The Cascode’s Vital Role in the Success of SiC; And There’s Still More to Come

By Anup Bhalla, VP Engineering at UnitedSiC

 

The cascode has proved to be a very useful structure since it was conceived way back in the vacuum-tube age to overcome the Miller effect, which causes a signal source to see an input capacitance much greater than the parasitic capacitances present in the device. Of course, the Miller effect – discovered in 1920 by John Milton Miller[1] – did not go away with vacuum tubes. It has persisted to this day as a consequence of the parasitic capacitances intrinsic to all transistors. By limiting high-frequency performance, it restricts the switching speed of today’s power-conversion circuits.

As designers seek to leverage the enhanced energy efficiency, thermal performance and ruggedness of silicon carbide (SiC) technology for switching power supplies, converters and inverters in all kinds of equipment, the cascode has again proved extremely valuable. A cascode combination of a low-voltage silicon MOSFET and high-voltage SiC JFET in the same package can be controlled using ordinary MOSFET gate-drive signals generated by an ordinary MOSFET gate driver. Moreover, the cascode is normally off, and hence well-suited to use in power circuits, although the JFET is naturally a normally-on device. This enables designers to take advantage of the SiC Cascode’s superior body diode performance, compared to a conventional SiC MOSFET.

However, although the cascode effectively circumvents the Miller effect, it does so by stabilizing the drain voltage of the input transistor, and not by eliminating the parasitic effects intrinsic to the transistors themselves: those capacitances are still there, as shown in figure 1.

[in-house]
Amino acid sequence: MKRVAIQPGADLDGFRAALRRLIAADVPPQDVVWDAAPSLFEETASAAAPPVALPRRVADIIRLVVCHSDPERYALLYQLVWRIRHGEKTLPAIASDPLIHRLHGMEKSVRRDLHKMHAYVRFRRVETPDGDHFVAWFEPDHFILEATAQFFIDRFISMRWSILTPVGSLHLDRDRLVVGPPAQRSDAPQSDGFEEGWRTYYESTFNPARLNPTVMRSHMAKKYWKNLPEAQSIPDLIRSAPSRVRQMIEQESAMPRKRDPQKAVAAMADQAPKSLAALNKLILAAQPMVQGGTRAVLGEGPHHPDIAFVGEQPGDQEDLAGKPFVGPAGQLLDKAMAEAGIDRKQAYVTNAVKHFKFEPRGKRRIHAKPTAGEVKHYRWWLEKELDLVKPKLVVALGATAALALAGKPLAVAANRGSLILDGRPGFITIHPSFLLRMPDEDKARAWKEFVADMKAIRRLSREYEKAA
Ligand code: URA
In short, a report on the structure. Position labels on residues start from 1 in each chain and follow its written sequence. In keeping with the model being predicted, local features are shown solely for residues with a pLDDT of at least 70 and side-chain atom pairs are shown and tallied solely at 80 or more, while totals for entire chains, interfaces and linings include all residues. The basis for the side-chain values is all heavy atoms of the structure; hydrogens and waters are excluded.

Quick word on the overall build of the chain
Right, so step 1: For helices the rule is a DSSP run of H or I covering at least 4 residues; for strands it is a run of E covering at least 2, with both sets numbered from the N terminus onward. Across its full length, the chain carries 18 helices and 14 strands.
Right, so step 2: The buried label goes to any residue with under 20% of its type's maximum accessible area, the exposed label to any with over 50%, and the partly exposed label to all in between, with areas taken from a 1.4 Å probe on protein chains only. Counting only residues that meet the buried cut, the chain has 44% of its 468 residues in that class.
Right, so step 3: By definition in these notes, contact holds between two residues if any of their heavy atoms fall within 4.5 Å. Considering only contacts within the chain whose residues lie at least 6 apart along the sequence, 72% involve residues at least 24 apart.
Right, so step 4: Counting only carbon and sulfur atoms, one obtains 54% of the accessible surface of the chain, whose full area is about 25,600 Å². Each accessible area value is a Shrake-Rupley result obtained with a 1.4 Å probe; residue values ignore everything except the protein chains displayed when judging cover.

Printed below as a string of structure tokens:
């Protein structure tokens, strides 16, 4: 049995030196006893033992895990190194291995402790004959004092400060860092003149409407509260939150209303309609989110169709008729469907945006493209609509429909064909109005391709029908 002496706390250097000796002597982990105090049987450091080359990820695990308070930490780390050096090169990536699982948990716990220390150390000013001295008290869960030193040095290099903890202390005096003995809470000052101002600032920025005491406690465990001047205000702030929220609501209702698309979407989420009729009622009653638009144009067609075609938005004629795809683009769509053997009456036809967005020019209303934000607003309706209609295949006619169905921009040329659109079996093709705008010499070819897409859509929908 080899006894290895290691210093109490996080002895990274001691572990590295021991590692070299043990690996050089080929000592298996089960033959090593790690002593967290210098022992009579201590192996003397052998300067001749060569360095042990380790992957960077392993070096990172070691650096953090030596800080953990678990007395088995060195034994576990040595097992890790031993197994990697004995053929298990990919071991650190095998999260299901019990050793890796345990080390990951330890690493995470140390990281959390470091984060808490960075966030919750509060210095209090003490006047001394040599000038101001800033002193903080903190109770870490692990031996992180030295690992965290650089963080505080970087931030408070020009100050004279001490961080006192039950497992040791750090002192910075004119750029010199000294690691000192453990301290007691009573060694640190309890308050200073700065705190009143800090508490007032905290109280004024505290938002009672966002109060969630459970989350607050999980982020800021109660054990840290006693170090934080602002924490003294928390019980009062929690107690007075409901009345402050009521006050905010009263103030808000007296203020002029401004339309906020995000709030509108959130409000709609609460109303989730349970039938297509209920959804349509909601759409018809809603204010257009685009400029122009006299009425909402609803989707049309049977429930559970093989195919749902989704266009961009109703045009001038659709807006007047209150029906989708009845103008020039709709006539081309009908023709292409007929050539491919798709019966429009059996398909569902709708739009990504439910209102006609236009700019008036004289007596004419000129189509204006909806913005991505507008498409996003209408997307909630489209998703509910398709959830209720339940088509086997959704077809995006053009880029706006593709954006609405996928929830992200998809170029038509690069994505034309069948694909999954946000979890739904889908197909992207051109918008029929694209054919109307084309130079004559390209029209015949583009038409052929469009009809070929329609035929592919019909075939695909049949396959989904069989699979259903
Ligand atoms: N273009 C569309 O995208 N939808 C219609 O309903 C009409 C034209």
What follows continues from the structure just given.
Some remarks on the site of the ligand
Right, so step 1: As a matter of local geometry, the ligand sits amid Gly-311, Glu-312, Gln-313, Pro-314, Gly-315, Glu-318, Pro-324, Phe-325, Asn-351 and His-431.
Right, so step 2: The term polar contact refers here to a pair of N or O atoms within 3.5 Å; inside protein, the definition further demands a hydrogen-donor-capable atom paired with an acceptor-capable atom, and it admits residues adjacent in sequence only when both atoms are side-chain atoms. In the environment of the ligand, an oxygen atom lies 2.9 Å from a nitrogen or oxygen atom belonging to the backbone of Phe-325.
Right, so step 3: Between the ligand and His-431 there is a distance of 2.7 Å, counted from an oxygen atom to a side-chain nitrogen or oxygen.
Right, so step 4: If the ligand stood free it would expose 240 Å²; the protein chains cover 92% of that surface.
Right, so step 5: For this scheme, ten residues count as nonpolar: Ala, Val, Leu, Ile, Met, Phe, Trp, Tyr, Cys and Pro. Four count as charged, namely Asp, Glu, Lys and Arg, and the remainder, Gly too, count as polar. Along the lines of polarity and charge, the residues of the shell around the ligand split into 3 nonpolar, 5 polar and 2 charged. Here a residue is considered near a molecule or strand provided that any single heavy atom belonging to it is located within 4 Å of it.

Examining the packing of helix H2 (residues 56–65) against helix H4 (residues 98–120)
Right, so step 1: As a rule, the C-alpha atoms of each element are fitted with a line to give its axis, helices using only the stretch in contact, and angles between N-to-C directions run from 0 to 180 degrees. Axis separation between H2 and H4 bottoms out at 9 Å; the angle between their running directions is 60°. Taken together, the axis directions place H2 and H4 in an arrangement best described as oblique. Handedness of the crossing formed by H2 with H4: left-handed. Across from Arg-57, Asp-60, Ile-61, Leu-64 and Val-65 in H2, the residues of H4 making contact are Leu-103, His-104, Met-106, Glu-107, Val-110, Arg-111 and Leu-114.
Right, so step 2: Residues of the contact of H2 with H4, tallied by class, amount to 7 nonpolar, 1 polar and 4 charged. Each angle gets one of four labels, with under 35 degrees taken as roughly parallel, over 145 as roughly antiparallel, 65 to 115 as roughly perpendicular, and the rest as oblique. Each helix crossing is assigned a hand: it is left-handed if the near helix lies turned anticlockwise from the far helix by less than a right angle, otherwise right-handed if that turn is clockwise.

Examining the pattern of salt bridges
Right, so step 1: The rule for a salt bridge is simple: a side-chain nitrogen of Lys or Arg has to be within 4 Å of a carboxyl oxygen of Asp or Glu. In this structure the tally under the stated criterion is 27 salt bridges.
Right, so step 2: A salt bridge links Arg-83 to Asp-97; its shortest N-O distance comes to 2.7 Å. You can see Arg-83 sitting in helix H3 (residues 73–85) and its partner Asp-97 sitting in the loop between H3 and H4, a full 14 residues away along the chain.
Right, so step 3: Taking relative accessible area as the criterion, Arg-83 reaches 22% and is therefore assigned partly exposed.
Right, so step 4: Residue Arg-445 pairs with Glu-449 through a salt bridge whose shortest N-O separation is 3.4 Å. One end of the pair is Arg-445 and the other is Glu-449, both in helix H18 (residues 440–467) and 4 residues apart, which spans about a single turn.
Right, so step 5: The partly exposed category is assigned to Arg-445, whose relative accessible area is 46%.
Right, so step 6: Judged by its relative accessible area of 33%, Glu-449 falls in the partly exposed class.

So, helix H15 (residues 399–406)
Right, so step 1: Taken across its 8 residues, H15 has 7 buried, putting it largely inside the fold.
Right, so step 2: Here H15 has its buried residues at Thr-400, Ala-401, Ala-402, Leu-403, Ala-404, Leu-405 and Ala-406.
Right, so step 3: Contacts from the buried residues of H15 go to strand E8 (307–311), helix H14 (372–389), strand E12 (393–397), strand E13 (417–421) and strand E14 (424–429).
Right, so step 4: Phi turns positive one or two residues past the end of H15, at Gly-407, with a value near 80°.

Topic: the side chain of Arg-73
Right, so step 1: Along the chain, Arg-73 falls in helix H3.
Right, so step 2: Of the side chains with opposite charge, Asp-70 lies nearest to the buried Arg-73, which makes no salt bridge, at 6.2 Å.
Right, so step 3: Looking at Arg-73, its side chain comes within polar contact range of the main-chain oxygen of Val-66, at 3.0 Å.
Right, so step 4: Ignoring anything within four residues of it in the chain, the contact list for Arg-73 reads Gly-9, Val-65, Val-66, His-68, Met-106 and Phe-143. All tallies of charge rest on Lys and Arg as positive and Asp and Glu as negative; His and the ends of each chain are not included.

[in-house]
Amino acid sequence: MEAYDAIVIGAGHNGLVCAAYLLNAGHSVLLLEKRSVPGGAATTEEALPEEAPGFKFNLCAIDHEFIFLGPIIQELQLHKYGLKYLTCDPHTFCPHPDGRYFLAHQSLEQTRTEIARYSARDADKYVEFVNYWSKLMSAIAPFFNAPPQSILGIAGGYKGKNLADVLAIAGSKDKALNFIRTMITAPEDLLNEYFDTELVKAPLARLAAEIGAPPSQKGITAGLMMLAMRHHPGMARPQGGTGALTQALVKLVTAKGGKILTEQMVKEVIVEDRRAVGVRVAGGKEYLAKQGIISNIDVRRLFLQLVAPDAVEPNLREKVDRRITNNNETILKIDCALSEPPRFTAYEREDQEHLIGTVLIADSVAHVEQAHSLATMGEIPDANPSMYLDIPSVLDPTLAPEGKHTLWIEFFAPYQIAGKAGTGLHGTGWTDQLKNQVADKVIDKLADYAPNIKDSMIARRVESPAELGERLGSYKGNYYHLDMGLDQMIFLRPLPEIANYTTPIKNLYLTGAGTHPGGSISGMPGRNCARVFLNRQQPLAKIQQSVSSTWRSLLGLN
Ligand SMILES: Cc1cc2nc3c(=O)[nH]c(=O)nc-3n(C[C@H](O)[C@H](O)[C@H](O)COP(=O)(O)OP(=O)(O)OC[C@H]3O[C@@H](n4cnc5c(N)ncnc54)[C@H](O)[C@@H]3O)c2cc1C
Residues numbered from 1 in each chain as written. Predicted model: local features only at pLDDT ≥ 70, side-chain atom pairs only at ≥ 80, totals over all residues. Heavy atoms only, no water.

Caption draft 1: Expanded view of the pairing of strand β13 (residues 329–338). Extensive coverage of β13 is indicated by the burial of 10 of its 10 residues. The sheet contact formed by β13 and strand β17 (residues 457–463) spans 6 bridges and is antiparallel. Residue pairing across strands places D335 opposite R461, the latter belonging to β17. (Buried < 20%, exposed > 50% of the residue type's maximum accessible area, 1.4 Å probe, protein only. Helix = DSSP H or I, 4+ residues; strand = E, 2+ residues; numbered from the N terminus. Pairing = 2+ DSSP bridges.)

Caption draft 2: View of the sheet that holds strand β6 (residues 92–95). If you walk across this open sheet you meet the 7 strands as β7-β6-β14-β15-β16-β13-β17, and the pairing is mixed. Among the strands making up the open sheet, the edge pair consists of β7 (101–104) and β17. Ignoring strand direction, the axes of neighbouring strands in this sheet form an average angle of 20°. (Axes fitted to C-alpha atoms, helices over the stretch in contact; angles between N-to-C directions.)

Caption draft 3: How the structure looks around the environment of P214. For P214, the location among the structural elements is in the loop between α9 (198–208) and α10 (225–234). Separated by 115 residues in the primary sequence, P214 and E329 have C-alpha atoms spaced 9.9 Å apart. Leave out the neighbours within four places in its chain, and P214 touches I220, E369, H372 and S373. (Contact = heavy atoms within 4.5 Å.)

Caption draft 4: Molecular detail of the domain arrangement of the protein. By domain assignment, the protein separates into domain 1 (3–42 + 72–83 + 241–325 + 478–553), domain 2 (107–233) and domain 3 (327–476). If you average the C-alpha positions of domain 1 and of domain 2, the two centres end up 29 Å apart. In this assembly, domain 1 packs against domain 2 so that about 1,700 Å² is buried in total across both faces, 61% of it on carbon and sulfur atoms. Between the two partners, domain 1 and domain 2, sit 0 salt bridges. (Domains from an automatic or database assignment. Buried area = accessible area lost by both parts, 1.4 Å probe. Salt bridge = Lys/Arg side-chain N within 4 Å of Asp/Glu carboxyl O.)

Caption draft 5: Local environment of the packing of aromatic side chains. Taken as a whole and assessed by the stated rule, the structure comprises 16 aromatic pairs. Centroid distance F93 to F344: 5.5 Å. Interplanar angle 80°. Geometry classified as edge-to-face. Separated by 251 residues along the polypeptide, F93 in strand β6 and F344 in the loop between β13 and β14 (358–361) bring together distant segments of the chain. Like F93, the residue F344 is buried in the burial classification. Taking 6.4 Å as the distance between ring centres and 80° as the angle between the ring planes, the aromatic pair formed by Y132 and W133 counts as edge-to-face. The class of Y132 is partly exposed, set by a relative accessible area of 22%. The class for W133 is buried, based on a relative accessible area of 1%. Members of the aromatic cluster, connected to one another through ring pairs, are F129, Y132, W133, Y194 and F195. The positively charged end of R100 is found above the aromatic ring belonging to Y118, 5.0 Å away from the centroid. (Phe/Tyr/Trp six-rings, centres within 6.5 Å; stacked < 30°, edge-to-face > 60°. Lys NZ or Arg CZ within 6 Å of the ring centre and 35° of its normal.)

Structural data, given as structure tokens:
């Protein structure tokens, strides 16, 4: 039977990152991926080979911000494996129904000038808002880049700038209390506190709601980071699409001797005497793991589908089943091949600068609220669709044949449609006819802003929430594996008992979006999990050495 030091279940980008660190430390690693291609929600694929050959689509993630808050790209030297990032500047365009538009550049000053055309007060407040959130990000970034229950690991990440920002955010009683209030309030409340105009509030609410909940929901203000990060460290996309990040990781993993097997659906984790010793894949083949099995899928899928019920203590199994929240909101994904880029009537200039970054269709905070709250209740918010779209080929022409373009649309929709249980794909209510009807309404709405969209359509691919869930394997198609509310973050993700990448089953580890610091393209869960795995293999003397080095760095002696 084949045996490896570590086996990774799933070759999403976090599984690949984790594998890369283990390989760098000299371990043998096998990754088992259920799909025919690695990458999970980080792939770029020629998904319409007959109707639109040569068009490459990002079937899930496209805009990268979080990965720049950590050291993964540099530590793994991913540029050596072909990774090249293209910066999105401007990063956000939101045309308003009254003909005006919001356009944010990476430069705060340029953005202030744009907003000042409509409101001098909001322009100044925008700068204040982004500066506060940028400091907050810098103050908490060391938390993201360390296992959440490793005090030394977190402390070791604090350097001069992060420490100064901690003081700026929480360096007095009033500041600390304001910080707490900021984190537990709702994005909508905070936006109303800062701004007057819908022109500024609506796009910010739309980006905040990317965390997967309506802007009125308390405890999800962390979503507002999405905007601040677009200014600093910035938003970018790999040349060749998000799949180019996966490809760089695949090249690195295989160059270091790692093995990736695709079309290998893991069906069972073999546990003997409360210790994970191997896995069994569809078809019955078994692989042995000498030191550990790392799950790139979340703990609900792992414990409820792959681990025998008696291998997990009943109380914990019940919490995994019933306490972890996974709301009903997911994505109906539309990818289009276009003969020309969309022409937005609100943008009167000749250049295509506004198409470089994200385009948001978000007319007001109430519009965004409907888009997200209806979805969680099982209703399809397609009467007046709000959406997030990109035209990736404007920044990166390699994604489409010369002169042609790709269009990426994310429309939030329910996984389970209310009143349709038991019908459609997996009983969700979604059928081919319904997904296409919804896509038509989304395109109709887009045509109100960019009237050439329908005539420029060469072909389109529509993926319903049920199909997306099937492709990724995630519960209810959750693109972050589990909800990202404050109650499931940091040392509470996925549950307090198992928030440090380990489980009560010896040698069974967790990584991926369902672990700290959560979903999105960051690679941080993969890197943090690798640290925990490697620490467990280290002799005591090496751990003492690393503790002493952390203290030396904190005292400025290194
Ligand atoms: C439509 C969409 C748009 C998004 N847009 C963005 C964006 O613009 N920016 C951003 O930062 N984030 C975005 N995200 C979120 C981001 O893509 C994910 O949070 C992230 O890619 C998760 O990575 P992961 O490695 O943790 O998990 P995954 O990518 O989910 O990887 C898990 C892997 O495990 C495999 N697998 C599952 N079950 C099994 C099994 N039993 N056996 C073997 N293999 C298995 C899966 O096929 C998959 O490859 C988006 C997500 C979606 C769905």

Figure 1. Parasitic capacitance in the SiC cascode.

 

As a low-voltage device, the silicon MOSFET has low RDS(ON) that minimizes its impact on energy loss: the high switching performance and favorable RDS(ON) of the SiC JFET, in relation to its voltage and current ratings, still dominate. On the other hand, there can be a significant difference between the MOSFET capacitance (CDS Si) and that of the JFET (CDS SiC). This can cause some problems if using cascodes in very high-voltage switching circuits.

If CDS SiC is significant relative to CDS Si, a high voltage can develop at the Si MOSFET drain when both devices are off, which can exceed the MOSFET breakdown voltage, leading to failure of the device. In addition, if CDS SiC has a finite value, it can allow pulses of current to pass that may cause spurious turn-on of the JFET, and so prevent Zero Voltage Switching (ZVS) in soft-switching topologies. It is also possible for ‘divergent oscillations’ to occur at high-current turn-off, which can destroy the JFET.

There are basically two ways to address an imbalance: increase one, or reduce the other. Huang et al.[2] proposed adding capacitance, and demonstrated improvement in high-current turn-off behavior. The position and value of this added capacitance are critical.

At UnitedSiC, we are addressing the challenge through one of the most promising techniques for reducing the capacitance of SiC JFETs. Our vertical channel construction, shown in figure 2, allows CDS SiC to become effectively negligible. Leveraging this technology, the SiC cascode can approach the performance of an ideal switch even more closely.

Figure 2. UnitedSiC vertical channel architecture enables SiC JFETs to have negligible CDS.

 

We can improve the performance of SiC cascodes even further, through innovations such as stacking the MOSFET and JFET dies. SiC JFET fabrication achieves high yield per wafer, allowing cascodes to be built cost-effectively despite containing two co-packaged devices. Stacking can unleash extra cost savings, while at the same time further reducing internal package inductances to allow even greater speed and efficiency.

The SiC cascode has already taken a leading role in realizing the advantages of silicon carbide in important power-conversion applications, including renewable energy generation, transportation, consumer tech and smart industry. Nearly 100 years after its inception, the cascode continues to help overcome engineering challenges, and there is still scope to advance and improve these important devices.

[1] http://www.mit.edu/~klund/papers/jmiller.pdf

[2] 1. X. Huang, W. Du, F.C. Lee, Q. Li and Z. Liu, “Avoiding Divergent Oscillation of a Cascode GaN Device Under High-Current Turn-Off Condition”, IEEE Trans. Power Electron., 2017.

Author: Anup Bhalla, Ph.D.

VP of Engineering